by Elana Varon

Book Review: A Methodology for Corporate Evolution Through Innovation

Feb 15, 20062 mins

Consultant and author Geoffrey Moore has spent his career advising companies how to change and grow. His new book, Dealing with Darwin: How Great Companies Innovate at Every Phase of Their Evolution, posits that innovation is the path to growth, and that a company won’t be around long unless it innovates successfully.

Large organizations are held back from innovating, Moore argues, by virtue of their success. It’s not that they’re resting on their laurels; rather, they’re unable to overcome the inertia of business processes and a workforce that have served them well.

A company must first choose the right kind of innovation to pursue. Moore identifies more than a dozen types of innovation, only one of which is the disruptive sort that creates new markets or business models. Which flavor you choose (and you should only choose one at a time) depends on your company, its strengths and its competitive environment.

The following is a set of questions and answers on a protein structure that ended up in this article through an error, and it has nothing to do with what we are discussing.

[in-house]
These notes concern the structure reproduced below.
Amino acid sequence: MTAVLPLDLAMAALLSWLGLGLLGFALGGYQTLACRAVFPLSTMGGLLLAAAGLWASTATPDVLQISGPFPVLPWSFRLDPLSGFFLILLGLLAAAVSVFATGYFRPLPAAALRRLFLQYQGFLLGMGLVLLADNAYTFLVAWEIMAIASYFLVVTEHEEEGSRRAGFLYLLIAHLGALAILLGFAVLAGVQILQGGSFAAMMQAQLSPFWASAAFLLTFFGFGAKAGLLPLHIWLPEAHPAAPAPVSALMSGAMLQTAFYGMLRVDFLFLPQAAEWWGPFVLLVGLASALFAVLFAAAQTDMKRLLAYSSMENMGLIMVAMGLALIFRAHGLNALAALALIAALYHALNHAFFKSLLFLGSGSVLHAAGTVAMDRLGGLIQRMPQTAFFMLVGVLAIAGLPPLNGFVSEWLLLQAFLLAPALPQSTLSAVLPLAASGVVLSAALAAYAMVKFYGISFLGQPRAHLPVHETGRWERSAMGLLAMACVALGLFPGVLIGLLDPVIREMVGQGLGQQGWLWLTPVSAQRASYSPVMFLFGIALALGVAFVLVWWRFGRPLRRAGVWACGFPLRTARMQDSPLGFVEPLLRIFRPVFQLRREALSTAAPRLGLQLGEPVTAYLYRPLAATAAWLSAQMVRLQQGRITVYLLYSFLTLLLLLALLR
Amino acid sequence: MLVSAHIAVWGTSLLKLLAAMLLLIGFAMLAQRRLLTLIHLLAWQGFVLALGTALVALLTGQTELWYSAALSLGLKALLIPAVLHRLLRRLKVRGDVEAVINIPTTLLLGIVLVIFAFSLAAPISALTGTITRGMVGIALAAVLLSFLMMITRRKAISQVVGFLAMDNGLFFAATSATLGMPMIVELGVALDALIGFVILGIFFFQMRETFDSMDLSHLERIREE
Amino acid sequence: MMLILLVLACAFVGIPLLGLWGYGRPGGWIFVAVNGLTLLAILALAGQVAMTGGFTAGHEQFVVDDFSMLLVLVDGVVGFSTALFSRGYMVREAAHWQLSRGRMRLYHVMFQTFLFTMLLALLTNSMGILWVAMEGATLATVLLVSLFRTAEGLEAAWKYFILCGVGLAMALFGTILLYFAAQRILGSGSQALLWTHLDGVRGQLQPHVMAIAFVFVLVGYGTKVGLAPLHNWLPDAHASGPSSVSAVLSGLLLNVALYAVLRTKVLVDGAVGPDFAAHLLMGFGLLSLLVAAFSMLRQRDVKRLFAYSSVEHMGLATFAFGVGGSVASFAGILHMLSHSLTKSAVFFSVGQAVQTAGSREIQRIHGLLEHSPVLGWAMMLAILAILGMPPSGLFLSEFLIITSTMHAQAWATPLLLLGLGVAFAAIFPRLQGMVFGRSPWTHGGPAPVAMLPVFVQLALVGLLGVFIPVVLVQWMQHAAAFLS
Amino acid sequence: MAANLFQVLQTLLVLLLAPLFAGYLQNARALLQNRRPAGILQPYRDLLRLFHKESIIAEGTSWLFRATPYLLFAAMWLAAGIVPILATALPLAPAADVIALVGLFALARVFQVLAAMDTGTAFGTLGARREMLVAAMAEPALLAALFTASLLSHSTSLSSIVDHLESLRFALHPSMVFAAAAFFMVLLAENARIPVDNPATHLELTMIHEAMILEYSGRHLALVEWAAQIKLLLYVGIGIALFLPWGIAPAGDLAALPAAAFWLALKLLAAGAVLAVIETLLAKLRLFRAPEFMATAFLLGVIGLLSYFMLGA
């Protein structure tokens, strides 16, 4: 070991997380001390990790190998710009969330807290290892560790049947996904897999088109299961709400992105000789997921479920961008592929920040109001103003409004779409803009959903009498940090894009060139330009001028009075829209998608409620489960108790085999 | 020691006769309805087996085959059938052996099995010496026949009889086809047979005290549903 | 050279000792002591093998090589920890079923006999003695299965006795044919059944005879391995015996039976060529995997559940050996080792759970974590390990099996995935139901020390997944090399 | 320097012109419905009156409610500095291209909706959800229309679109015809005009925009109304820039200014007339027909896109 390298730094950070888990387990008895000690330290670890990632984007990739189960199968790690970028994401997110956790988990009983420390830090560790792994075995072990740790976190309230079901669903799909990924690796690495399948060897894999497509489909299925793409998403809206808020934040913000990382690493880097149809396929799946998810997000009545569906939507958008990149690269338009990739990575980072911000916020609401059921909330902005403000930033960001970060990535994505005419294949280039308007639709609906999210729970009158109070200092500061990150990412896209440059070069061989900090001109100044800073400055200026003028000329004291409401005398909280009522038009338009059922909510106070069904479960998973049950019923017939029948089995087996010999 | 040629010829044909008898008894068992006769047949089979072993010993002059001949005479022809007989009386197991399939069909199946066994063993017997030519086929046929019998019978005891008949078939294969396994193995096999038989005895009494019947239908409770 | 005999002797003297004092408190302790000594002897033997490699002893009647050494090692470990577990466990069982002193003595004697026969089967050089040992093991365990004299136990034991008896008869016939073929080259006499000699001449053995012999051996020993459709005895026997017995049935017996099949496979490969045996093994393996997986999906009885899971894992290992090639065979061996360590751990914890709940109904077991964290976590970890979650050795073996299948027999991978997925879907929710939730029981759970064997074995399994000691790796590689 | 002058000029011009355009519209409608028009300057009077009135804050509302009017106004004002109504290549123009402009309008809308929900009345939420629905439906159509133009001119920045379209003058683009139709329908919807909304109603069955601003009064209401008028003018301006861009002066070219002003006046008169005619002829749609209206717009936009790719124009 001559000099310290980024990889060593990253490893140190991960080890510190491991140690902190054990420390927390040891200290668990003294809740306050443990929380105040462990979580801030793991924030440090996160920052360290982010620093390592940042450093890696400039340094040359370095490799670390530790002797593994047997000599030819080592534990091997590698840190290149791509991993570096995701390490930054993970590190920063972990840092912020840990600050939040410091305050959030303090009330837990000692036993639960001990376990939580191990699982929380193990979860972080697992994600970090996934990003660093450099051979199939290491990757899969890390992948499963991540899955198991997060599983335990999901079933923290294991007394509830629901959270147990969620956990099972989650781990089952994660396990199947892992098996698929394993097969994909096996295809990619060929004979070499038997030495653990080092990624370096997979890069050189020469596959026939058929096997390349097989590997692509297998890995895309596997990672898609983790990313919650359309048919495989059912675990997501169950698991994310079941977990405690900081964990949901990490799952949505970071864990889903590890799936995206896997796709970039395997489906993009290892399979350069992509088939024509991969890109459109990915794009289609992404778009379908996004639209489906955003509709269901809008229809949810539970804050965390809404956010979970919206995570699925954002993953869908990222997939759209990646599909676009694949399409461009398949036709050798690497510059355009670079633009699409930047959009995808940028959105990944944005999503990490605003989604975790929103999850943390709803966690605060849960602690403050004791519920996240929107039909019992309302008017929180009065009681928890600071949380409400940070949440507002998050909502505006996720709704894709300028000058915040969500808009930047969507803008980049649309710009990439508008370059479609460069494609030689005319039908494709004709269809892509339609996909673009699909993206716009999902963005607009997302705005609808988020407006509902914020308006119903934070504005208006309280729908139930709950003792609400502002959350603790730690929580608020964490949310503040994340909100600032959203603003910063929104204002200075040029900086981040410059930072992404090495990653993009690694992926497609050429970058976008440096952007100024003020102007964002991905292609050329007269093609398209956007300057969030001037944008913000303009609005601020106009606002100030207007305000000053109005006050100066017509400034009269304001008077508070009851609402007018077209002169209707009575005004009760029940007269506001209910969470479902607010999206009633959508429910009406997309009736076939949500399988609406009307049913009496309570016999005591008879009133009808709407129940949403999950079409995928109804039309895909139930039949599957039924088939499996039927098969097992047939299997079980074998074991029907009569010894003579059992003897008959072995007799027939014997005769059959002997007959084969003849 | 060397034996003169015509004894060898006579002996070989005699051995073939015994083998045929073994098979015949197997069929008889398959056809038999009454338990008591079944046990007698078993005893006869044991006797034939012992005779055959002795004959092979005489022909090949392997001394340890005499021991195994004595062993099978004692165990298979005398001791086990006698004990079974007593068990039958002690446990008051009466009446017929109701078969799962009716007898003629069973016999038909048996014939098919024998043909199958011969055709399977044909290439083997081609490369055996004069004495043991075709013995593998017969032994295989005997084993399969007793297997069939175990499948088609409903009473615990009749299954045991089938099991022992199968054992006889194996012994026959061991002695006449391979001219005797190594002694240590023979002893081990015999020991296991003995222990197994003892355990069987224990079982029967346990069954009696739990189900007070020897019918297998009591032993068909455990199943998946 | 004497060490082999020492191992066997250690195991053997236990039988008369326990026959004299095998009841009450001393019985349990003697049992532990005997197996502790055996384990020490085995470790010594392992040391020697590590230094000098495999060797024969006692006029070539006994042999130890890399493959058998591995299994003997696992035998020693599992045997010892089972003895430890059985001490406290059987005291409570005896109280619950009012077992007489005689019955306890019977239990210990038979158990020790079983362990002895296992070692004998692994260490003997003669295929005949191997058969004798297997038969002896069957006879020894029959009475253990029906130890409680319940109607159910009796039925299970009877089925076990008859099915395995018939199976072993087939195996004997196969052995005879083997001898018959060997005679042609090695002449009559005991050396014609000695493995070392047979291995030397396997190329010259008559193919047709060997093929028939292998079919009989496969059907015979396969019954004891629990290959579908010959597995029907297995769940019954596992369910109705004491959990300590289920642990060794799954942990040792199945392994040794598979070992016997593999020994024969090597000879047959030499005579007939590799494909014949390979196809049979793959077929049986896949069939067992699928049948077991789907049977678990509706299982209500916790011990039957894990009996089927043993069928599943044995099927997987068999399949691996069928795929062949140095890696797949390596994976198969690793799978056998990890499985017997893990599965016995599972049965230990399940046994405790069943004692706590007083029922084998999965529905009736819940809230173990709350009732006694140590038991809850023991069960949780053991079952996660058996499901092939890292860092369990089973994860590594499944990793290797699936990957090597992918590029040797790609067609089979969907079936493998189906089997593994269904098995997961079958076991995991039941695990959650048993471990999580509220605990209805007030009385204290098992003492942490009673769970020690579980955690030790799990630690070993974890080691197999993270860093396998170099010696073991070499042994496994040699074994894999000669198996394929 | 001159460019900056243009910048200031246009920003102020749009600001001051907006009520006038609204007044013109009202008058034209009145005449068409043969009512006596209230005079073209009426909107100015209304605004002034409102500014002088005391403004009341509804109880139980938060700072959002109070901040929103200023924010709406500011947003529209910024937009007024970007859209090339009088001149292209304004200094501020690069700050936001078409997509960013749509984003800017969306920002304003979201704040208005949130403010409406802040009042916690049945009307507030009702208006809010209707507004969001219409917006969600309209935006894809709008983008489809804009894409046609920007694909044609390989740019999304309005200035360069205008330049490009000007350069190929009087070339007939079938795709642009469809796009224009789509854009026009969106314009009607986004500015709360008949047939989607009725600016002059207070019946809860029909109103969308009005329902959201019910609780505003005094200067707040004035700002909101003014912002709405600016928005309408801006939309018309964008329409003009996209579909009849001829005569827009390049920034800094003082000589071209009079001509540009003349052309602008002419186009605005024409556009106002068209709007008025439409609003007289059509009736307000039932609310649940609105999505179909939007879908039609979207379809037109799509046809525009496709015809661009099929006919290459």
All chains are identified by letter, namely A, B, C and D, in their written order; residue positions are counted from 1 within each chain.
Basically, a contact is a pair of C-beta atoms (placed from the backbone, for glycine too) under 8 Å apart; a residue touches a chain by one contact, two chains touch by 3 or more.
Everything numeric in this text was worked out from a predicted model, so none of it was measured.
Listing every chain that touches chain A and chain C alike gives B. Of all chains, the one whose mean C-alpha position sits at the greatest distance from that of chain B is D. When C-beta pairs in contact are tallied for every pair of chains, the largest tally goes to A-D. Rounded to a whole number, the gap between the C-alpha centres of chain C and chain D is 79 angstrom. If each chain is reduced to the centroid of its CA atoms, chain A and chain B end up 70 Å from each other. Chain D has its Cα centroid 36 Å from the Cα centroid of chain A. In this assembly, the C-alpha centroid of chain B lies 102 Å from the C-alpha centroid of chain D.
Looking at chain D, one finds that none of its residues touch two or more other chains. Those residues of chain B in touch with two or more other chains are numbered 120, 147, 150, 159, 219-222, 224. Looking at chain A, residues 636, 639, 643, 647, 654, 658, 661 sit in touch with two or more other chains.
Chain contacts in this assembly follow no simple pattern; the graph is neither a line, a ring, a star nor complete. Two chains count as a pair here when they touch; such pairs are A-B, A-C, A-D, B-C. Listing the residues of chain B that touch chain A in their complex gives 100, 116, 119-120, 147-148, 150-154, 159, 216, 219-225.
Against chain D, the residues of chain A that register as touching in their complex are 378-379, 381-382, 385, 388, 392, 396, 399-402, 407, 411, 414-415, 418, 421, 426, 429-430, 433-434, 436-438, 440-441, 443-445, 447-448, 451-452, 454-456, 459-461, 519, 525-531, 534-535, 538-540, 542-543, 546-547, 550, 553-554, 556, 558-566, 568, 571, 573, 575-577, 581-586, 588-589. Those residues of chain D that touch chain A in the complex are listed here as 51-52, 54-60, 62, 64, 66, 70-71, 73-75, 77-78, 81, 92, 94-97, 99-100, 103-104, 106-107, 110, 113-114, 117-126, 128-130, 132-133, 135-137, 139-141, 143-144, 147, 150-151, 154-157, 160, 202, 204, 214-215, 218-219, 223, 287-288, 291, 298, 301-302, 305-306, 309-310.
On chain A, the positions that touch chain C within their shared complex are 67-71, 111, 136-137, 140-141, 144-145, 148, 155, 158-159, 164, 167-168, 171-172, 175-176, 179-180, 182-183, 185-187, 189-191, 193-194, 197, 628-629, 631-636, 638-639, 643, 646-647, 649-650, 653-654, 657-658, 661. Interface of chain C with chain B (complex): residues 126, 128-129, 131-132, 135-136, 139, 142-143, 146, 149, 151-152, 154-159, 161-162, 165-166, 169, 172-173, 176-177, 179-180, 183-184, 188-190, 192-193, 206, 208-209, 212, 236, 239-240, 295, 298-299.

The challenge for executives is to redirect the company’s resources to develop and market the innovation. Moore devotes the final section of his book to a template for doing this by centralizing, standardizing and optimizing business processes, and by outsourcing those that are no longer strategic.

While that isn’t a new formula, Moore makes a convincing case that companies fail to evolve because they apply the formula incorrectly; for instance, by automatically laying off employees whose jobs are outsourced. Instead, Moore says, organizations should take advantage of those employees and their experience by reassigning (or, as Moore puts it, “recycling”) them to work maintaining established parts of the business that are still important to the company. Employees with experience bringing previous innovations to market can be dedicated to the next “invention.”

Whatever you do, get busy. The competition is gaining on you.